Is it your dream to teach English in Japan?
A summer camp in S. Korea (back in 2011) was my first experience with teaching English as a second language. It was my test for deciding if I could commit to a one year contract in Japan. I loved it. The poster above is one of many the students made during the camp. If being entertained by awesome kids was considered a real job, I was in.
US citizens need to have a temporary (90 day) work visa (or C-4) for camp work in S. Korea. It was a bit of work to wrap my head around, so I’ve created a simple resource for you to use once you get the job.
This is first as it has a few steps and will probably take the longest.
Go through the FBI website or use an approved ‘channeler’ like My FBI Report to get your background check. The FBI direct route is cheaper but takes longer. There is a list of other approved companies, called ‘channelers’ on the FBI page, who can process your report within a week or so vs. the estimated 12 weeks with the FBI.
You will need a professional set of fingerprints taken, an application, and a fee to send to the FBI or channeler. The background check needs to be done less than six months before applying for the visa.
When the FBI Background check is sent to you, it will then need an ‘Apostille’ (a fancy French word for authentication certificate/stamp of approval) to make it valid for visa application purposes. A national background check is a Federal document, meaning it needs to be sent to the Department of State via the Office of Authentications with fee and application. The address and information is on their website.
The simplest way to do this is ask the university your diploma is from if they provide this service. You will need a notarized copy of your diploma showing that you have a bachelor’s degree. When you get this, it will also need to be apostilled by the Secretary of State in the state it was issued. On this page, scroll down and you will see list of states with links to the appropriate Secretary of State for that region.
Order a copy of official sealed transcripts from your university again. It’s a little much, but they will expect both the diploma with apostille and official transcripts for the visa application.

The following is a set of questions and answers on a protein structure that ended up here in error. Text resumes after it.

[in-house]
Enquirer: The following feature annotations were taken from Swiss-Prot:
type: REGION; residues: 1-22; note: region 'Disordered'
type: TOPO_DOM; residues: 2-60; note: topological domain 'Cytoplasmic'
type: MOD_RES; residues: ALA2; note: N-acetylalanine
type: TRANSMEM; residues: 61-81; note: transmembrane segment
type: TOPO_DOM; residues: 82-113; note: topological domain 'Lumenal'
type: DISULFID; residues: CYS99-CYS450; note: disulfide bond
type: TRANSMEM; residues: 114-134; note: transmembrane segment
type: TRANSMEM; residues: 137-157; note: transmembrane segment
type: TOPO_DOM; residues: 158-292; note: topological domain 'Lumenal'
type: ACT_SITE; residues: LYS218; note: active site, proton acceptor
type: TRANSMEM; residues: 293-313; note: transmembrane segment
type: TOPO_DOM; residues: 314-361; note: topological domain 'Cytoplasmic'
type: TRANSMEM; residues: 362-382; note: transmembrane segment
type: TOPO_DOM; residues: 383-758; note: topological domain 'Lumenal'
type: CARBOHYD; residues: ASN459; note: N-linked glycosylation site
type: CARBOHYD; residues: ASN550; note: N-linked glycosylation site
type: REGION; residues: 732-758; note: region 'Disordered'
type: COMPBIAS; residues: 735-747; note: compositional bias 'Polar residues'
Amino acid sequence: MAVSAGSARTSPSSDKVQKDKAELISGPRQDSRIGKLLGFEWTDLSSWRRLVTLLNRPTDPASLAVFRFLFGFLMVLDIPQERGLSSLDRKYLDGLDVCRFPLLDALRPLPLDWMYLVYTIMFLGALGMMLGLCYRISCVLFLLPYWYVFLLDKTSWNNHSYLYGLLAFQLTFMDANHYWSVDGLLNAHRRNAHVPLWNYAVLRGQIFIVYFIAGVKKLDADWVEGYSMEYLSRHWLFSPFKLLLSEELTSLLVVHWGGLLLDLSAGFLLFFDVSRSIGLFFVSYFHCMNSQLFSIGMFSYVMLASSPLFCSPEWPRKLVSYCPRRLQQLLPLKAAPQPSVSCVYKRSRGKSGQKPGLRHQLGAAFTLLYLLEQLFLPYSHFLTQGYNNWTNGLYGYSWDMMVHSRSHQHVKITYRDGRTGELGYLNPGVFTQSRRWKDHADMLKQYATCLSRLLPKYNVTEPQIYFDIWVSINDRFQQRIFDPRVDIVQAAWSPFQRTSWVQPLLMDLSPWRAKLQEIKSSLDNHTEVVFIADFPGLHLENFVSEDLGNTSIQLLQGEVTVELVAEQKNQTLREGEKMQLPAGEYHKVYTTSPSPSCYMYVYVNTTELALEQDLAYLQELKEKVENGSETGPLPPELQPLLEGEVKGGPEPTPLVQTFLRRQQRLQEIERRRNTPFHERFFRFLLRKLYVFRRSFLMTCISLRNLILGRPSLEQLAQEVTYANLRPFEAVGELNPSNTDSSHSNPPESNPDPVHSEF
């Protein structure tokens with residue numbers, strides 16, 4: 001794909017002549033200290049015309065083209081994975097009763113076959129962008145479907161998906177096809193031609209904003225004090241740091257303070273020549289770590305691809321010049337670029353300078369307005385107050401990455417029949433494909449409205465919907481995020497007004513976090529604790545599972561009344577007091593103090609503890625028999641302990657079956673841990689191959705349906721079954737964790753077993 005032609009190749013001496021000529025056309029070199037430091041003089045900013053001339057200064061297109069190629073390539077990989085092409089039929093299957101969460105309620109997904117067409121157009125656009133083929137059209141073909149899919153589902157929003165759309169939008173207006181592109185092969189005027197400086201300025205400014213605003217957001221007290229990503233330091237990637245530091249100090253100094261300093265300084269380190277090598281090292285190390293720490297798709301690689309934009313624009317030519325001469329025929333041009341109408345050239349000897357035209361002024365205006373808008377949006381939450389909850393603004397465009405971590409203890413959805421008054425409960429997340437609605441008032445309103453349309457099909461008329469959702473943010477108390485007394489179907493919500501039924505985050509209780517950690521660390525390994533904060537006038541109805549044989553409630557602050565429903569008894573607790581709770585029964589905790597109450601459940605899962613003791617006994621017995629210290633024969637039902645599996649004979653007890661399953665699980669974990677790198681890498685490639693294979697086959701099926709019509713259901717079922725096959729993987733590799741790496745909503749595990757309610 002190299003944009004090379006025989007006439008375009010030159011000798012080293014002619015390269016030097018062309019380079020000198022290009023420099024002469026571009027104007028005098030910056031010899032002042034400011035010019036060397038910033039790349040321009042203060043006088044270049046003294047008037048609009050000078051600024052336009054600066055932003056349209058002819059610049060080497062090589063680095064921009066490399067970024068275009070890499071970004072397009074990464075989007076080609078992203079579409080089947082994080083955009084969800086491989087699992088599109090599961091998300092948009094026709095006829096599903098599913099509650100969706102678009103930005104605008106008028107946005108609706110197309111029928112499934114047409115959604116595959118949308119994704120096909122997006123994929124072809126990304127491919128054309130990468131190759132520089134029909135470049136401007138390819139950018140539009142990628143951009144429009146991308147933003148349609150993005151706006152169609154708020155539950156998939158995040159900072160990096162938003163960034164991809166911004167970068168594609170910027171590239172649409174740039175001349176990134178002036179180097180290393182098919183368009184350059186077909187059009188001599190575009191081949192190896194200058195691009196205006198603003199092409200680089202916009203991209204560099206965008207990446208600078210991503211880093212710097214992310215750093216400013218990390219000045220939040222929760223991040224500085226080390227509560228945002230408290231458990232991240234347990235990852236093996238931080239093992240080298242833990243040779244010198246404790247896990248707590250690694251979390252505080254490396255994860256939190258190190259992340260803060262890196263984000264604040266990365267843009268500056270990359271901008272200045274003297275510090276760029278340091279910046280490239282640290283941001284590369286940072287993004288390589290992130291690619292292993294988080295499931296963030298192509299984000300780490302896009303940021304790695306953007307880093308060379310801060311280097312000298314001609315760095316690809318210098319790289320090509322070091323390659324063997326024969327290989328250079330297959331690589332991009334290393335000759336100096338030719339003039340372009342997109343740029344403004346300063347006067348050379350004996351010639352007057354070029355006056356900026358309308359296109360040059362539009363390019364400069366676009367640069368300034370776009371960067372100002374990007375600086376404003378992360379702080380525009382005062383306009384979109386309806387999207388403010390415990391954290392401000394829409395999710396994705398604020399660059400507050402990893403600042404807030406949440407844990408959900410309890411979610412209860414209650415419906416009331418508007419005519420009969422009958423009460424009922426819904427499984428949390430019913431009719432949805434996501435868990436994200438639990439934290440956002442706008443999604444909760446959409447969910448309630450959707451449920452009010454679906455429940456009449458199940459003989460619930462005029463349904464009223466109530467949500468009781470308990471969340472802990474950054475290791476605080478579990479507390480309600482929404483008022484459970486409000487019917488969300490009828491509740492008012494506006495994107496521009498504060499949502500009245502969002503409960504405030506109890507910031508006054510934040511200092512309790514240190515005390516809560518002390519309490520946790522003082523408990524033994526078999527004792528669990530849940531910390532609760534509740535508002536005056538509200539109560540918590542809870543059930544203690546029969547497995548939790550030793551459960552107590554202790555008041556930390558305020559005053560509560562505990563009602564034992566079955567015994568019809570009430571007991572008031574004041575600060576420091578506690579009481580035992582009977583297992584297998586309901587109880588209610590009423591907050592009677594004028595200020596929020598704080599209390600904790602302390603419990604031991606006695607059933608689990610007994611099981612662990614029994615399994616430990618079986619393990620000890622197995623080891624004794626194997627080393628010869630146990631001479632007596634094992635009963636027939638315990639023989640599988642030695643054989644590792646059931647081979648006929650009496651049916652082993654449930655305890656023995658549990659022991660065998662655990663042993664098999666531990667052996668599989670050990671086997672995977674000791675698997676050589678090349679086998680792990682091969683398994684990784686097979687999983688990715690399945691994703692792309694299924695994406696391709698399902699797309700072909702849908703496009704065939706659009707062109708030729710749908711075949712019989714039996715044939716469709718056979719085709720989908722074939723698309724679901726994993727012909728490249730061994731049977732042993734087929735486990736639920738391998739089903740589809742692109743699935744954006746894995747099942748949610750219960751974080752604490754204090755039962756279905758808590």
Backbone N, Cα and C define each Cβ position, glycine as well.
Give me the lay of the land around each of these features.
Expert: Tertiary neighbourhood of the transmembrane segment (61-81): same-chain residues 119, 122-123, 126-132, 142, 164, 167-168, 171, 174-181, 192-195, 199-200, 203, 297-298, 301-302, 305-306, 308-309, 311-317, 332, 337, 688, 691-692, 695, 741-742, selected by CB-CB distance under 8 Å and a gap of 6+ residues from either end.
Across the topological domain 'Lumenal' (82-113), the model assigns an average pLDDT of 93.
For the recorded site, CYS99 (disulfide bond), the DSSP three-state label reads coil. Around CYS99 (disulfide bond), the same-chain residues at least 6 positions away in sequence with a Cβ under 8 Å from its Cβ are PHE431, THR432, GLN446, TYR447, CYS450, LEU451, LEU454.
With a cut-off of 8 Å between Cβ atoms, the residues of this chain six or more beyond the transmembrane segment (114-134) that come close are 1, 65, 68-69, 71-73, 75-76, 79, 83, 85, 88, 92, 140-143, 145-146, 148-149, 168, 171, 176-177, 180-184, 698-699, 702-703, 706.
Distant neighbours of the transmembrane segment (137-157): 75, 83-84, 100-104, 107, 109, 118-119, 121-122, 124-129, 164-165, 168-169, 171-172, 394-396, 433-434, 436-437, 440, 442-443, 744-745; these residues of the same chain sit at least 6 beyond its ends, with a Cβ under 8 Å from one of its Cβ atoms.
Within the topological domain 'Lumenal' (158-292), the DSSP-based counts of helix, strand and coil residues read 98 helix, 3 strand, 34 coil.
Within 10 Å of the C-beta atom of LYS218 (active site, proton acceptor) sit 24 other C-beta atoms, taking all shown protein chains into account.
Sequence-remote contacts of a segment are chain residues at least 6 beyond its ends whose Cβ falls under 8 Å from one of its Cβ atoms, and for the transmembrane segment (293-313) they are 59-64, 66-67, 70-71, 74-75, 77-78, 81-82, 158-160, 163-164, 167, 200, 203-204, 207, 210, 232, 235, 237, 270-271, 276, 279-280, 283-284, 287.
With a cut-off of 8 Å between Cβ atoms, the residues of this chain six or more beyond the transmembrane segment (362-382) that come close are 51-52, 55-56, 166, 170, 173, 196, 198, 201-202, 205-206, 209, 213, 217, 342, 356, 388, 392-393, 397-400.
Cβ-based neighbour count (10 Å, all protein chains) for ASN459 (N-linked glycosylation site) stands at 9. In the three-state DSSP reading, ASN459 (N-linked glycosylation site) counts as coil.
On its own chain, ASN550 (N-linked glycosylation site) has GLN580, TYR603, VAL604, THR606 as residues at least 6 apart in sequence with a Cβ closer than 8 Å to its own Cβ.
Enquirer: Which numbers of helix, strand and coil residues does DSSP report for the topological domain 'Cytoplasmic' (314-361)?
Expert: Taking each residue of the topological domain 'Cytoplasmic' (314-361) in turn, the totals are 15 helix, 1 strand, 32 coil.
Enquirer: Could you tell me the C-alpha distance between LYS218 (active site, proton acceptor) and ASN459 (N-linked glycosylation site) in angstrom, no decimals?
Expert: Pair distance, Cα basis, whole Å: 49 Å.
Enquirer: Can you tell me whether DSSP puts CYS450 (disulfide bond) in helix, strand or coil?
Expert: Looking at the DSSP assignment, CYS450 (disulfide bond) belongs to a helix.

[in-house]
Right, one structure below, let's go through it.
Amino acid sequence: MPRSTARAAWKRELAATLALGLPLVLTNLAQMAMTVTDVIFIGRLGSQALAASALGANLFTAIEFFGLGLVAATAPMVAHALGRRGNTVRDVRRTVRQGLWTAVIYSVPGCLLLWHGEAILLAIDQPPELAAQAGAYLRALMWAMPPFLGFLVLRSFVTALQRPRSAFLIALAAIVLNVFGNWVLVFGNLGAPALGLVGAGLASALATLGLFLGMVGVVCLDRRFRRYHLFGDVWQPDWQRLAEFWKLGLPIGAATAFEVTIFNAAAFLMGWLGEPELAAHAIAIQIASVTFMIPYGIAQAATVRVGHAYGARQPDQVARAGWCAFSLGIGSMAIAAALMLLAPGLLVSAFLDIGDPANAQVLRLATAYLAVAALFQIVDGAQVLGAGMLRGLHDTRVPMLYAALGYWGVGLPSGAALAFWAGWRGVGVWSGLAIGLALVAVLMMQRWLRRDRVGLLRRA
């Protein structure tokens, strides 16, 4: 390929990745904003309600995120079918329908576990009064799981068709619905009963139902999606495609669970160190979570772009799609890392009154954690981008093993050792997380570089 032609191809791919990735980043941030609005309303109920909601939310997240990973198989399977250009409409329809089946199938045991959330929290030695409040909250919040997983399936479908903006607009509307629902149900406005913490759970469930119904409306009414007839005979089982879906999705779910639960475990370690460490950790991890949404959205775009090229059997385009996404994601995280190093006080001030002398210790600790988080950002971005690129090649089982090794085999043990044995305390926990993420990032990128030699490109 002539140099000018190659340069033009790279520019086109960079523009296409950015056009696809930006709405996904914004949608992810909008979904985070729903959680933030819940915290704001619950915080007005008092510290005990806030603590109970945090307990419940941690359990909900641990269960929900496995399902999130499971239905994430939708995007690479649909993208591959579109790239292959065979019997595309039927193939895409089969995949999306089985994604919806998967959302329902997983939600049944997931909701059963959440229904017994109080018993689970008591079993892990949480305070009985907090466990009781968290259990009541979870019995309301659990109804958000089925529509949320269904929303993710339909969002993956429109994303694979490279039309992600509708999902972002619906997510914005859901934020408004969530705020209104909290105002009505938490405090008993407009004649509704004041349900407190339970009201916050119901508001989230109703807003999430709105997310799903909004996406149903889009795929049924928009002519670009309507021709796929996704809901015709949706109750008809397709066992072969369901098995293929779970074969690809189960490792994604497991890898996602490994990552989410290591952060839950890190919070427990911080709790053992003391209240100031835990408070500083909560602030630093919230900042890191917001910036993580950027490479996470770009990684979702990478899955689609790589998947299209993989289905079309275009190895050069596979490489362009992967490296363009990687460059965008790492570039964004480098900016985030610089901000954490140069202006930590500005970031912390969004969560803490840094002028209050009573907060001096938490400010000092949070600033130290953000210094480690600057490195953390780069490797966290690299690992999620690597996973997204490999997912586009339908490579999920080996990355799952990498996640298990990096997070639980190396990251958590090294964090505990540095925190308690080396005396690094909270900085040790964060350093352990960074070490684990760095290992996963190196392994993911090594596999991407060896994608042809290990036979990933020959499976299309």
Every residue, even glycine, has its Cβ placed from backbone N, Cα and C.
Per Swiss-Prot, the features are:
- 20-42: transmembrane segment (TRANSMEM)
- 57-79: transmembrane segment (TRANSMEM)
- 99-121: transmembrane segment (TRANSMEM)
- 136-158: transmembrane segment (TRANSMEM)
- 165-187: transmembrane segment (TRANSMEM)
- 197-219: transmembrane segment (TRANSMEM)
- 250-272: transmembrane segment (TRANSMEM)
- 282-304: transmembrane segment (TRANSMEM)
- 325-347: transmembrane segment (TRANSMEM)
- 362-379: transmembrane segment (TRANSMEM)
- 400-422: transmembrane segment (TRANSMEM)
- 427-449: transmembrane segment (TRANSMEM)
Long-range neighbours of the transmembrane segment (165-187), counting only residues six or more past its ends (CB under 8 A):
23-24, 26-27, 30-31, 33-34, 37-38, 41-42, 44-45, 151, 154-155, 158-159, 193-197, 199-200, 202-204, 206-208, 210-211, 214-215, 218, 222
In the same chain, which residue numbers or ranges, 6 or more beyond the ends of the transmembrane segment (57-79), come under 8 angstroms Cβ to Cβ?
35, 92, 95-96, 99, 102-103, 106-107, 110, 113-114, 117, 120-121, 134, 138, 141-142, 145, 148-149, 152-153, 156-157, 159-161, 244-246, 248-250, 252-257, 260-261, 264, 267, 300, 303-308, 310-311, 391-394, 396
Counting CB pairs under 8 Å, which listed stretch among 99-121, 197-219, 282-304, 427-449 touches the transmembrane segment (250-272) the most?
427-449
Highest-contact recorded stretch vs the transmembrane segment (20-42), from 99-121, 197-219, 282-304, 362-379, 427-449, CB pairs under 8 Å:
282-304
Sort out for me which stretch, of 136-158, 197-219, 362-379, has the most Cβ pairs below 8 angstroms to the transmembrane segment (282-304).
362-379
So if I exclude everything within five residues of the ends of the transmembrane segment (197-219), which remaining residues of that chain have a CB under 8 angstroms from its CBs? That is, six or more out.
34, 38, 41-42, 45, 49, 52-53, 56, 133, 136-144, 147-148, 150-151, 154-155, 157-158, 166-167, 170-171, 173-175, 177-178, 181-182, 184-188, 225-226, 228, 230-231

A round trip in and out of S. Korea will be expected with the visa application. Your company should tell you when to arrive in Korea and how long you should be there for. If you have time to stay for some sightseeing, within the 90 day visa period, that is not a problem.
Make a copy of the photo page of your valid passport in addition to submitting the passport. If your passport will expire in less than a year, it’s a good idea to renew it if time allows. Having a digital scan of the passport page is a good backup if anything should happen at home or abroad.
The company in Korea will provide the letter of invitation which should specifically show your name, the dates of the camp job, and the company seal/signature. This will be in Korean.
You will have an English translation of your contract, although a Korean version should be signed and submitted with the Korean Business Registration Letter for your visa application. The company hiring you also provides these. Sometimes they are sent in the mail and sometimes you will get a file to print out and submit with your visa application.
Print and fill out the application on the Ministry of Foreign Affairs page. Your company will provide some information to enter on the application. It should have a 2 x 2 inch passport photo attached to it.
On the Korean Consulates and Embassy page, locate the consulate or embassy in your region. Make sure to check if you can submit by mail or walk in, how application fees are accepted, and open hours. The fee was $45 cash or check at the time I applied last (November 2014) but it may be different depending on location.
The Los Angeles Consulate preferred (required) USPS flat rate Priority mail for mail in applications, but check with the office you will be using. If sending the application materials in by mail, call and triple check you have the required materials they want, including a self addressed stamped certified mail envelope to get your passport back.
You will get (only) your passport back with the new visa sticker in place on one of the free pages. If there is anything you might want for future reference, it’s a good idea to make a scan. The visa will be valid for 90 days upon entry to S. Korea.
In addition, you might need a power converter. I like this affordable one from REI for US to Korea conversion, but it doesn’t alter voltage.
Good luck & have fun at camp!